Jo-Ann's Testimony: Finding Healing from Fears

The next guest post in my series of testimonies about God at work in everyday lives,
comes courtesy of fellow blogger Jo-Ann of simplification. Thanks for sharing, Jo-Ann!

“Before I could find my voice as a writer, I fought for my voice, period.
A voice is not a given; words don’t come easy. Both are worth fighting for.”
- Scott Hartman

Words are beautiful. I love words. They string together the little pieces of our lives and connect us with the hearts and minds of others we encounter upon our road of life. But there was a time when words didn't come easily for me. My voice was trapped inside a dark pit of gloomy despair and fear. I fought for my voice, period.

I was born into a wonderful Christian family. I don't think I could have had a more wonderful childhood. When I was two, we were joined by my only sibling, a brother. I loved being a big sister. A year later my mother went back into full-time work. My brother and I were cared for by a nanny during the day until my mother got home from work.

Shortly after my mother's return to work, I stopped talking. Not at home, there I was still a chatty toddler with an excellent vocabulary and expressive outbursts of joy and laughter. But in situations outside of home, I became extremely reserved and shy. I hated going out. I hated interacting with people. Social situations began to scare me. I developed an irrational fear of being left on my own and I became like velco to either one of my parents.

Over the following years, I was pretty much mute. I didn't speak to almost anyone outside of my immediate family. There were a few exceptions but not many. As traumatic an experience this was for me, my parents struggled deeply with my affliction. They urged me to talk, even just to say hello. I agonized with this, wanting to please my parents and wanting to be able to talk to people. But when the time came to open my mouth, fear would wrap its little tendrils around my heart and no words could come out. I feared even the possibility of someone hearing me when I could not speak to them in person and rarely uttered a sound in public.

In spite of this, I was a very happy child. I had friends, some that I spoke with and others that I didn't. When I was thirteen, we had friends who went overseas for two weeks and their children stayed with us. It was too long and too hard to be able not to talk at all and one day I just blurted something out and began to talk. They were shocked. From that moment, it became easier. There were lots of things that made it easier after a while but that was the breakthrough moment for me.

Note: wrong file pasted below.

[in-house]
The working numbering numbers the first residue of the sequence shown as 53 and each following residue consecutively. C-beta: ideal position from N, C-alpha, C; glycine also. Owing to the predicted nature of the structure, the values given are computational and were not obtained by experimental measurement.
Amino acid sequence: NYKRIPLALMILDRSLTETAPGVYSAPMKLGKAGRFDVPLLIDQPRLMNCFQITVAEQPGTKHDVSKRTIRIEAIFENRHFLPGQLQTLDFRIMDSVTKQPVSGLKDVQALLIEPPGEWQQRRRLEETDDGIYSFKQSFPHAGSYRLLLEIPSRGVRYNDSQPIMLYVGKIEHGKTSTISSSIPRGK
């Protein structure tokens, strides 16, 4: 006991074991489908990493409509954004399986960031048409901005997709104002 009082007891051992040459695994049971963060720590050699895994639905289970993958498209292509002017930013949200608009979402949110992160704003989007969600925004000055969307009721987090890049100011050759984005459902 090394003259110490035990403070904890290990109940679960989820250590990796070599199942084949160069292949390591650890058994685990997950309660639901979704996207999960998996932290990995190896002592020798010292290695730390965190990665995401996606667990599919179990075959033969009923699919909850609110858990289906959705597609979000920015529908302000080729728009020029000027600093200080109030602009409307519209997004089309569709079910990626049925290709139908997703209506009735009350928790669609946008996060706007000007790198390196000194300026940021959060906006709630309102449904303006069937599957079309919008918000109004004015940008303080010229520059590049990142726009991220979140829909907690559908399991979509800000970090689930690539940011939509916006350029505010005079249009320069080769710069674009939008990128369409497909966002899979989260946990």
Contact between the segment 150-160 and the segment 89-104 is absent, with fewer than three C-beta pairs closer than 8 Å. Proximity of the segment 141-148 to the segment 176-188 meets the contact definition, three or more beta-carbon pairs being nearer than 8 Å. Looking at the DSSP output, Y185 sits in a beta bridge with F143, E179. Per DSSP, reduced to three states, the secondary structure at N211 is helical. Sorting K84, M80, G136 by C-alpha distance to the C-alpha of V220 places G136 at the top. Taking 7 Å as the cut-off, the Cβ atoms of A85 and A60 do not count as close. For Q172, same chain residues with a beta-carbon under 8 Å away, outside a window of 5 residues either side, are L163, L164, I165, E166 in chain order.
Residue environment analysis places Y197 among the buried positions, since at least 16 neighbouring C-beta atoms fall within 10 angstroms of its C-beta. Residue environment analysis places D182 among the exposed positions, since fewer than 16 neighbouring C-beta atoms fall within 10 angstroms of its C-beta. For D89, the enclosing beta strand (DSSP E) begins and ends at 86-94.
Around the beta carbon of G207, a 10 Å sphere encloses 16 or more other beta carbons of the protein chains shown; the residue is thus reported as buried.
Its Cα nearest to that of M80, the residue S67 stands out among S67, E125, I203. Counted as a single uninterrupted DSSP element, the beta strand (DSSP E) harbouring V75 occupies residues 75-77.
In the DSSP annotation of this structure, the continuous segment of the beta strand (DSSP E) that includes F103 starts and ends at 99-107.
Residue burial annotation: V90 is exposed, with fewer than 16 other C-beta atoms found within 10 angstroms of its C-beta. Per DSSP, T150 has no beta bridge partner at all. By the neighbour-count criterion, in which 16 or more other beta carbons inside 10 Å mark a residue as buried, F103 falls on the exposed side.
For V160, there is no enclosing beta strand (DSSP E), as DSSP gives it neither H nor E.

Since then, I found out that the medical explanation for this is called selective mutism. It's recognized as an anxiety disorder which occurs predominantly in the early childhood years. It's quite rare and there is no proven method of treatment.

I had always just assumed that I was the only one who had experienced this. But about a year ago, I saw a television documentary about selective mutism and as I watched it, I cried. I saw myself. The scared child who wanted so much to be able to speak freely but trapped in a hole that was too hard to dig themselves out of.

From the moment since my breakthrough, Jesus had already begun to heal me. But as those tears came, God bound up the wounds that still lay hidden in the deepest corners of my heart. The insecurities, the uncertainties, the fears, the hurts. It was like the last of the dirt was washed away from everything I had carried through the ordeal.

His healing brought purpose to my experiences. They did not define me, they were not meant to break me or be a dark shadow in my past. They were meant for good. For out of my once mute mouth, I speak of what God has done for me. It was worth the fight.


This is a guest post by Jo-Ann, who blogs at simplification. Jo-Ann is a newly graduated teacher who loves the big things in life and the small things even more. She enjoys walking her dog, finding a good book to bury her nose into, playing the ukulele and drinking tea out of lovely cups. She calls New Zealand home.


P.S. If you're interested in submitting a guest post testimony to be featured on Life Blessons, please visit the original post for details!

3 comments:

  1. What a cool story. Thanks for sharing.

    ReplyDelete
  2. That is such an awesome testimony. So inspired.

    ReplyDelete
  3. Great story, definitely inspiring :)

    ReplyDelete

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